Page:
I have found that indeed, you calculate different starting quantities (SQ) for different dilutions of the same sample. However, it should be kept in mind that SQ is calculated based on the PCRefficiency of the standard.. and not all libraries run through the reaction at the same efficiency. Now one might argue that the differences in efficiency between the standard and the sample are relatively small (most of the time <5 percentpoints difference) and can thus be neglected. I would like to stress though that the difference between 95% efficiency and 98% efficiency is not negligible after 20 cycles of qPCR (typical Ct score for a heavily diluted sample) due to the exponential nature of PCR: ((0.95+1)/(0.98+1))^20 = 0.74. I.e. if your standard has a 98% efficiency, and the sample has 95% efficiency, your calculated SQ value can be up to 25% off! For this reason, I always run duplicates of three dilutions (1.000x, 16.000x and 256.000x) for every sample and calculate the efficiency of each sample, then use this efficiency to make a more accurate estimation of the SQ. Using this method, the results for each subsequent dilution are much more consistent than when simply using the SQ values as calculated by the qPCR software (standard deviation of the 6 values is almost always <10% of SQ using my method). Of course this does mean that I'm limited to 1314 samples per plate of qPCR, but I find that this is only a minor investment compared to the improved accuracy. I hope this helps some people out. Last edited by DaanV; 06172013 at 06:35 AM.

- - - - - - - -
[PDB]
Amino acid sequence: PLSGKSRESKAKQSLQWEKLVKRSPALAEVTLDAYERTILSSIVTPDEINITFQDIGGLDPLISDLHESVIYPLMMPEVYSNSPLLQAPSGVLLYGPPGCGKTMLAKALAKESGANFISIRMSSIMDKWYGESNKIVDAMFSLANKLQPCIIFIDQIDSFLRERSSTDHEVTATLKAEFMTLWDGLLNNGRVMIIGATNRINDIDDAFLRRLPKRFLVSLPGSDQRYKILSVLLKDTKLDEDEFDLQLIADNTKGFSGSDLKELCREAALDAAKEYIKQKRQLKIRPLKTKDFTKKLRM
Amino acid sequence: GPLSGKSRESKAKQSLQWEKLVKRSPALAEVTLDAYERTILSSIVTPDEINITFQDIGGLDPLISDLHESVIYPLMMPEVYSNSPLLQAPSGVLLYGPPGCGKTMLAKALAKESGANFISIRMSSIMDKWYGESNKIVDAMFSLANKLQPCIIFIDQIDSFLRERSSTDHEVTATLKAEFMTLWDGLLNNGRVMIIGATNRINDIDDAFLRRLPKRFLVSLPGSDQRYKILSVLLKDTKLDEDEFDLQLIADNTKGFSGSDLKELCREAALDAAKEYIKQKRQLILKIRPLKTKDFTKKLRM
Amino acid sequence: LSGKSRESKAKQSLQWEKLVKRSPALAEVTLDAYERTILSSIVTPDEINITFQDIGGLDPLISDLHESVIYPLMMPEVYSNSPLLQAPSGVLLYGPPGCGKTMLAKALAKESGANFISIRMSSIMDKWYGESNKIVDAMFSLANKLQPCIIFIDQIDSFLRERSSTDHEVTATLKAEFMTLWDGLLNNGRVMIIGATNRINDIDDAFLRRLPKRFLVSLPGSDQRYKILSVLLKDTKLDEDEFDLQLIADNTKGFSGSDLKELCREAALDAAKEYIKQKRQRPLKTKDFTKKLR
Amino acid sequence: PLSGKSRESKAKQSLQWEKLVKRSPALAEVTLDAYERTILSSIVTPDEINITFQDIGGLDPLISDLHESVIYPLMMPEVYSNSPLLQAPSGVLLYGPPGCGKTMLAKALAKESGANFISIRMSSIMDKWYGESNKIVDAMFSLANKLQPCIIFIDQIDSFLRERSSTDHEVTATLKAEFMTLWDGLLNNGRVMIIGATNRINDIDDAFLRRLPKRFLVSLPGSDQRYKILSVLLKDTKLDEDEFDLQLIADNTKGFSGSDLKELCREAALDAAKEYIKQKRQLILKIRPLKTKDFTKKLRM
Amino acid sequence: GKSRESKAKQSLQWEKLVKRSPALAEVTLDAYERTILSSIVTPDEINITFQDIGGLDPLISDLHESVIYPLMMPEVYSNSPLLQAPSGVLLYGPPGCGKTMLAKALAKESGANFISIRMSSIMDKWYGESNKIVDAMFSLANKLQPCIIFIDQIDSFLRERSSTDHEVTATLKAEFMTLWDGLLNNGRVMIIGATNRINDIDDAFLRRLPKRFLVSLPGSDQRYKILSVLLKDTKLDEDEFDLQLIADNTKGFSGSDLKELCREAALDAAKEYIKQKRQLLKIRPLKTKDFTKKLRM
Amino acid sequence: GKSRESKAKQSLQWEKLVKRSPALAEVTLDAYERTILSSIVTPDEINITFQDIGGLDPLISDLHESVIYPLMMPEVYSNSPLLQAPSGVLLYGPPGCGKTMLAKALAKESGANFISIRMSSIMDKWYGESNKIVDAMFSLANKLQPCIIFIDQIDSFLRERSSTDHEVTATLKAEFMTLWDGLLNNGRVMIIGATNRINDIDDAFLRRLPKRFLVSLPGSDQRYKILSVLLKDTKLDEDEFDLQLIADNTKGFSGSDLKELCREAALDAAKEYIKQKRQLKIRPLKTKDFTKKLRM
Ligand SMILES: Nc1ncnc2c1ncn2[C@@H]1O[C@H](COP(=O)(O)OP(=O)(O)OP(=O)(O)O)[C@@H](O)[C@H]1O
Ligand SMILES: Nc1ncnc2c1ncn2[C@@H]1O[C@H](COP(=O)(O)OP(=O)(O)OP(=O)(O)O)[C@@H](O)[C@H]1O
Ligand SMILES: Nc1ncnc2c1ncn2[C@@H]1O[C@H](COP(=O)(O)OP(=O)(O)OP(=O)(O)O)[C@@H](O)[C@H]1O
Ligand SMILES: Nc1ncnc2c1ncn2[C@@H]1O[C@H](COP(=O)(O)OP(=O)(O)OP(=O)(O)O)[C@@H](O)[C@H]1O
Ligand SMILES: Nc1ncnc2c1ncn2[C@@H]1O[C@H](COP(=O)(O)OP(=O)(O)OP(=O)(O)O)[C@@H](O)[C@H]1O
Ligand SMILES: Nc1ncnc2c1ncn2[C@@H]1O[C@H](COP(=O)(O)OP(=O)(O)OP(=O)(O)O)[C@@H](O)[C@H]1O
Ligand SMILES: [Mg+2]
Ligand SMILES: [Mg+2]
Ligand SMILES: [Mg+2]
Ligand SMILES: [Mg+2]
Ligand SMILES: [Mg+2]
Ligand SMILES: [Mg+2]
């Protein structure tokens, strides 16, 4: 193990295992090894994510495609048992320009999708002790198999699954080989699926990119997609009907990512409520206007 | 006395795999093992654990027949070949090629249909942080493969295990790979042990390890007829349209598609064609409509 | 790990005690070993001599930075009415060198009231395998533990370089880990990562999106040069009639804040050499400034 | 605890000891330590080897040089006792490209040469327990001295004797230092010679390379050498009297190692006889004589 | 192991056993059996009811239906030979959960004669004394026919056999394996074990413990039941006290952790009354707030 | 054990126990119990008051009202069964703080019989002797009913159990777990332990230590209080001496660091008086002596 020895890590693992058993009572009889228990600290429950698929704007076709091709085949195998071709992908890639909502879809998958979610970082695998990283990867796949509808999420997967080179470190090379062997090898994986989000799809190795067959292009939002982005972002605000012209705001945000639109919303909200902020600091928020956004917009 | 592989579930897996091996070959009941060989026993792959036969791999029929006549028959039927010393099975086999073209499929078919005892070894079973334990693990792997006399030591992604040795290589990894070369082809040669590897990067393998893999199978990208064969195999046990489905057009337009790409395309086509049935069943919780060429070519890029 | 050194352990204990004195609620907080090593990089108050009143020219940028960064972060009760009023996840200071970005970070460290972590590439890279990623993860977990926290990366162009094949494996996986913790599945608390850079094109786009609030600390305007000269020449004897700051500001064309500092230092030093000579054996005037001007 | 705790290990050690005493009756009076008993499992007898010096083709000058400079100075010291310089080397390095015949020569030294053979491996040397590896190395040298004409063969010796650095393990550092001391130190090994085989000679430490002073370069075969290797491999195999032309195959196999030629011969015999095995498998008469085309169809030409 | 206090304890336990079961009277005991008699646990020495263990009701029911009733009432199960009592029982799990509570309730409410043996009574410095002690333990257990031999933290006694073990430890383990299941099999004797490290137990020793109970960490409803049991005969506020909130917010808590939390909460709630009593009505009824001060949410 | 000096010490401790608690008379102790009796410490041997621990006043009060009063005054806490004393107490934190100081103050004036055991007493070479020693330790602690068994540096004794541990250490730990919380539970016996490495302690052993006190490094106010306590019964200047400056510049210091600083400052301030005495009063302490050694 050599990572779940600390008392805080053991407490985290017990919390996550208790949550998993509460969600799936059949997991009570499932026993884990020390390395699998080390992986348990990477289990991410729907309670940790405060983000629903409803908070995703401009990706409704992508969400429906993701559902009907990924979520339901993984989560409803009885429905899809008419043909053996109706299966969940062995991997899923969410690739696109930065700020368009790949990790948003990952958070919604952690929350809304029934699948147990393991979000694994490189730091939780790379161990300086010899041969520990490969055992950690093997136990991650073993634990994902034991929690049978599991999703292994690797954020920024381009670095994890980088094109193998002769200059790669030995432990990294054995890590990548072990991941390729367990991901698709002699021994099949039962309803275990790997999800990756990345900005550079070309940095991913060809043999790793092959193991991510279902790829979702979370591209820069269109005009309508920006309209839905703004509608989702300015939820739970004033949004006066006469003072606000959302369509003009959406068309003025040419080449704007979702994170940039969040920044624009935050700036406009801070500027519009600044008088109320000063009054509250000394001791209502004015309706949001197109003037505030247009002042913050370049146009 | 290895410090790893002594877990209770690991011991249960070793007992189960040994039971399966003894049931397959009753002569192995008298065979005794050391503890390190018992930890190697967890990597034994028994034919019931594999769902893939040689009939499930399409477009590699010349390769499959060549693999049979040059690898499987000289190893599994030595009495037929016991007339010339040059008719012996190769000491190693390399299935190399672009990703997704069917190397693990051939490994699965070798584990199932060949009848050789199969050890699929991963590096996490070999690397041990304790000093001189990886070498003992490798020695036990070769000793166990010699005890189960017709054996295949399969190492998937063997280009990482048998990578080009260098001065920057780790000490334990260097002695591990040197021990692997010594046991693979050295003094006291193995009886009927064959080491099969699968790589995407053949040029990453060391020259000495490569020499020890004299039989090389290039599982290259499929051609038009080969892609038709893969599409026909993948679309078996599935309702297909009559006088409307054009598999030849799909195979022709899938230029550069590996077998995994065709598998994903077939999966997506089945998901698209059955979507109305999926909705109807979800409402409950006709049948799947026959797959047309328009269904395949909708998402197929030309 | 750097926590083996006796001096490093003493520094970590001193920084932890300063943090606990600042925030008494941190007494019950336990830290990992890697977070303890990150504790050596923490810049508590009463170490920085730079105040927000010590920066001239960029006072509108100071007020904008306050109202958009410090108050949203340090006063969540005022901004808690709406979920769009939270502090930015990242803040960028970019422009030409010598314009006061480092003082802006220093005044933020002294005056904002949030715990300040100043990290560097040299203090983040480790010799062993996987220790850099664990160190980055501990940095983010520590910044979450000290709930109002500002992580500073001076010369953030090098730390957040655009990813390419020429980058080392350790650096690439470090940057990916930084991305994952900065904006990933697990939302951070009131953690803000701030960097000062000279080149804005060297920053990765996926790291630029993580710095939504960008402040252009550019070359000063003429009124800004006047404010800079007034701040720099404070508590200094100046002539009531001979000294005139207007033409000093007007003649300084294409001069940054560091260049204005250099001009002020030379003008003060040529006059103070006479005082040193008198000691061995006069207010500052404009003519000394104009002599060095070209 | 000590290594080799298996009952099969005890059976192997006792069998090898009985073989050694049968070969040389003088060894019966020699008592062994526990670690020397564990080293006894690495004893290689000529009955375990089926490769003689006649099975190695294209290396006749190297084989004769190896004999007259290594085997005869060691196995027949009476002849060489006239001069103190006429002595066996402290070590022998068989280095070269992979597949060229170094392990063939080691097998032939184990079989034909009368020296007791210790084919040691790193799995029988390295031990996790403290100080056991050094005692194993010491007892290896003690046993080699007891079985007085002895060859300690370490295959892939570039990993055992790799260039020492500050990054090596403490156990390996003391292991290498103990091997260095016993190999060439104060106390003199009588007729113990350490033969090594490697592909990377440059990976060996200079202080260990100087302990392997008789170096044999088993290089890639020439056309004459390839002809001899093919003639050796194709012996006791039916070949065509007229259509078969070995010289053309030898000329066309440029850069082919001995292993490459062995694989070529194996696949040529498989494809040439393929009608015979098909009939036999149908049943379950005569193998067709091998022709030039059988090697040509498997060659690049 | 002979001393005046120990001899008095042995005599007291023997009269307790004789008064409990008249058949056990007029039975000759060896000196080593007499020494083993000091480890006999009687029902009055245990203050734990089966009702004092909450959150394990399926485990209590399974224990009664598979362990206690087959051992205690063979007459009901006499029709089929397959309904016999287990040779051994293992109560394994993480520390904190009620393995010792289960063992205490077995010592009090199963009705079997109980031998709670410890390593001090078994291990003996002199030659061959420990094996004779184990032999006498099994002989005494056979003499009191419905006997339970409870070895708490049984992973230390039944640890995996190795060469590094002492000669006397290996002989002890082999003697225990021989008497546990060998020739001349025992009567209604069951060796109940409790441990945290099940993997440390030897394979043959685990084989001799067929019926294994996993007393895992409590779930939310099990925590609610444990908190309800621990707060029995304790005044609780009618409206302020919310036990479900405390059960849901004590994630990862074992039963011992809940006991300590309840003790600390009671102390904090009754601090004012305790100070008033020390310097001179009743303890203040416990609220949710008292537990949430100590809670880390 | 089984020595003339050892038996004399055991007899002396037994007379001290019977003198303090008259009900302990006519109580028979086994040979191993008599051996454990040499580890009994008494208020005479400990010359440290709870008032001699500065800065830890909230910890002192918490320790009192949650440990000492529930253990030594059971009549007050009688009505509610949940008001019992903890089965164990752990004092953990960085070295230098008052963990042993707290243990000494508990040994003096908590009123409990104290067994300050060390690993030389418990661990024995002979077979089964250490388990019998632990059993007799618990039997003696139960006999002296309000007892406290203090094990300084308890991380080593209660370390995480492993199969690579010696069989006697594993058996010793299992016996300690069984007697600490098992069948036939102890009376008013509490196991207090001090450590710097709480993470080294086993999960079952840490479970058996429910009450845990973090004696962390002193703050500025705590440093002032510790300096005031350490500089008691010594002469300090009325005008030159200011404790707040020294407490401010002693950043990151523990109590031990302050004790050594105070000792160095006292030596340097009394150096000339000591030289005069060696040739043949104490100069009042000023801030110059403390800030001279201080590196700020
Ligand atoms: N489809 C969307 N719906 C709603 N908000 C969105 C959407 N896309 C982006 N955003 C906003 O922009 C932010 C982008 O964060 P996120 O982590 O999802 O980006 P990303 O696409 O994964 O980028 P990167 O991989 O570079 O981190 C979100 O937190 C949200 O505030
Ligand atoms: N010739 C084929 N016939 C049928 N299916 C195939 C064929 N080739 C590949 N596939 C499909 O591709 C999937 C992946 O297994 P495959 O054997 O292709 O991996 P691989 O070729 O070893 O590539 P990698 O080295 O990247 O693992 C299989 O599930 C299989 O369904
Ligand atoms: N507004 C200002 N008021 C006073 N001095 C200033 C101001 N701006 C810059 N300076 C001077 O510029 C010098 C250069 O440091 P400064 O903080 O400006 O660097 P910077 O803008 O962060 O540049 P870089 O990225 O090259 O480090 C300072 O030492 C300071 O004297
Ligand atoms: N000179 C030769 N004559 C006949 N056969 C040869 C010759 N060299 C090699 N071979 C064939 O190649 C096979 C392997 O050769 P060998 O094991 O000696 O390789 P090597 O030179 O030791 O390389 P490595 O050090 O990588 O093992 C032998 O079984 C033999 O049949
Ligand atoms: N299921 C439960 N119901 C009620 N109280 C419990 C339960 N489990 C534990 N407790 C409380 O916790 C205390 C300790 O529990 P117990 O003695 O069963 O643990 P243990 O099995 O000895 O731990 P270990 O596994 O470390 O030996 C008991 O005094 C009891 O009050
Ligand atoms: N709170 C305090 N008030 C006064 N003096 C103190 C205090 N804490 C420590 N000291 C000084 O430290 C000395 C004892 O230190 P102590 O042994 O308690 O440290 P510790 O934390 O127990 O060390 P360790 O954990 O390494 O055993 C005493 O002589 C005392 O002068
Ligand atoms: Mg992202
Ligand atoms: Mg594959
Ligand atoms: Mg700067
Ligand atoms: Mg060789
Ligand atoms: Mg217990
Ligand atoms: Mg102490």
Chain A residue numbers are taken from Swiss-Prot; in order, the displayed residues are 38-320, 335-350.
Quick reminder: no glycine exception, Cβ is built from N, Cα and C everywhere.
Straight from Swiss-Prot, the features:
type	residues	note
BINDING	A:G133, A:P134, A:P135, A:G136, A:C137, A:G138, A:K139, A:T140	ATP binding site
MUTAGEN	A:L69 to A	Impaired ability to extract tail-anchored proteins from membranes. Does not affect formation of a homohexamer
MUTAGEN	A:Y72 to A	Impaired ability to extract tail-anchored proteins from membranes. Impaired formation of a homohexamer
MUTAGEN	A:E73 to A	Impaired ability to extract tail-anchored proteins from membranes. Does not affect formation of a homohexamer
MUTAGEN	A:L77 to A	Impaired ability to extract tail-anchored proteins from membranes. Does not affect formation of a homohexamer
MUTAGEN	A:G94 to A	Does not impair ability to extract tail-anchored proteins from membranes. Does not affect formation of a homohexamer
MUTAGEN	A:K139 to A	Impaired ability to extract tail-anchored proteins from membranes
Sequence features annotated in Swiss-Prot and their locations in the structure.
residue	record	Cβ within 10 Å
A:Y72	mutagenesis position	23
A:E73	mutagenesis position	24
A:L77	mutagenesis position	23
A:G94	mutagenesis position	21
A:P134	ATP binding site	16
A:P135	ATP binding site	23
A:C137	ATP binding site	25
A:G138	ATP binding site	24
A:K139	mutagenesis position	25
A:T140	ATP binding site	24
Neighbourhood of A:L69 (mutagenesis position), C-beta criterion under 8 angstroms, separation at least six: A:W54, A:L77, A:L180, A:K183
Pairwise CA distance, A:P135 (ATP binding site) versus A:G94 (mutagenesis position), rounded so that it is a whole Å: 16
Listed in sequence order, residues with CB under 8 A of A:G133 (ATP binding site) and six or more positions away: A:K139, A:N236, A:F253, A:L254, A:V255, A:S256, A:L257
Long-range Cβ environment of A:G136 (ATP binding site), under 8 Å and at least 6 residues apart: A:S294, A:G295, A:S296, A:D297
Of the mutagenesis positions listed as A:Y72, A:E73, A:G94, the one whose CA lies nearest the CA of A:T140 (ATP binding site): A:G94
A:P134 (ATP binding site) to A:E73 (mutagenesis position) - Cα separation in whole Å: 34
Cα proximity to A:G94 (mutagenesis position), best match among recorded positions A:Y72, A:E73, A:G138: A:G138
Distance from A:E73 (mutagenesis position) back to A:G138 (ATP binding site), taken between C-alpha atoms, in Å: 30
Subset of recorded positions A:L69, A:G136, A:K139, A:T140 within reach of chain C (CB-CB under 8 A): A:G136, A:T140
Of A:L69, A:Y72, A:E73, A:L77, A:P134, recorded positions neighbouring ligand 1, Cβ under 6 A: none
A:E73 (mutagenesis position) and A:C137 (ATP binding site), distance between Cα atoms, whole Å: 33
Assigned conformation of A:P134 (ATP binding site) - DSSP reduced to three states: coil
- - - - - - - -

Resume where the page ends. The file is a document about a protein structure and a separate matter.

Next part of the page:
06172013, 08:09 AM  #46 
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Location: Montana Join Date: Nov 2008
Posts: 21

Does your PCR reaction efficiency change with a more dilute sample?
I've always looked at it as being relative to the standard. As long as the slope is always the same and the standards come off at relatively the same Ct values every time. Does it matter if the reaction is performing at say 50% efficiency if it amplifies at the 1E6 standard? Same is true regarding the qubit. Picogreen works relatively well but the you really have to watch the standards don't deviate. 
06172013, 07:22 PM  #47 
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Location: Indo Join Date: Oct 2011
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I too agree with all, that Nanodrop is not the reliable method of quantitation. We too rely on Picogreen and qPCR.We only use qPCR to know that we have well constructed libraries to start with and just to know the trend of concentration in comparison to the Picogreen concentration.
And yes, we do get concentration from qPCR which vary 25x times the picogreen concentration.We still stick with picogreen concentration adjusting a little with qPCR concentration. I am not sure if Im clear here....for eg. if my picogreen conc. is 2nM and qPCR conc. is 2.83.0nM,then I assume my library conc. to be somewhere @ 2.5nM,and then I use accordingly for clustering. As to why,qPCR overestimates your libraries,I believe its because each sample have there own amplification efficiency,which cannot be absolutely correlated with the standards being used. And regarding dilution factor,yes that also imposes a variation in quantification.I have been using PhiX and Kapa standards for quantification.PhiX at even high accuracy only shows 8590% Efficiency whereas Kapa standards give you more than 95% Efficiency. I too have diluted my libraries @1:50,000 or even upto 1:100,000,which have given a consistent conc. resulting into desired cluster numbers.Hope this helps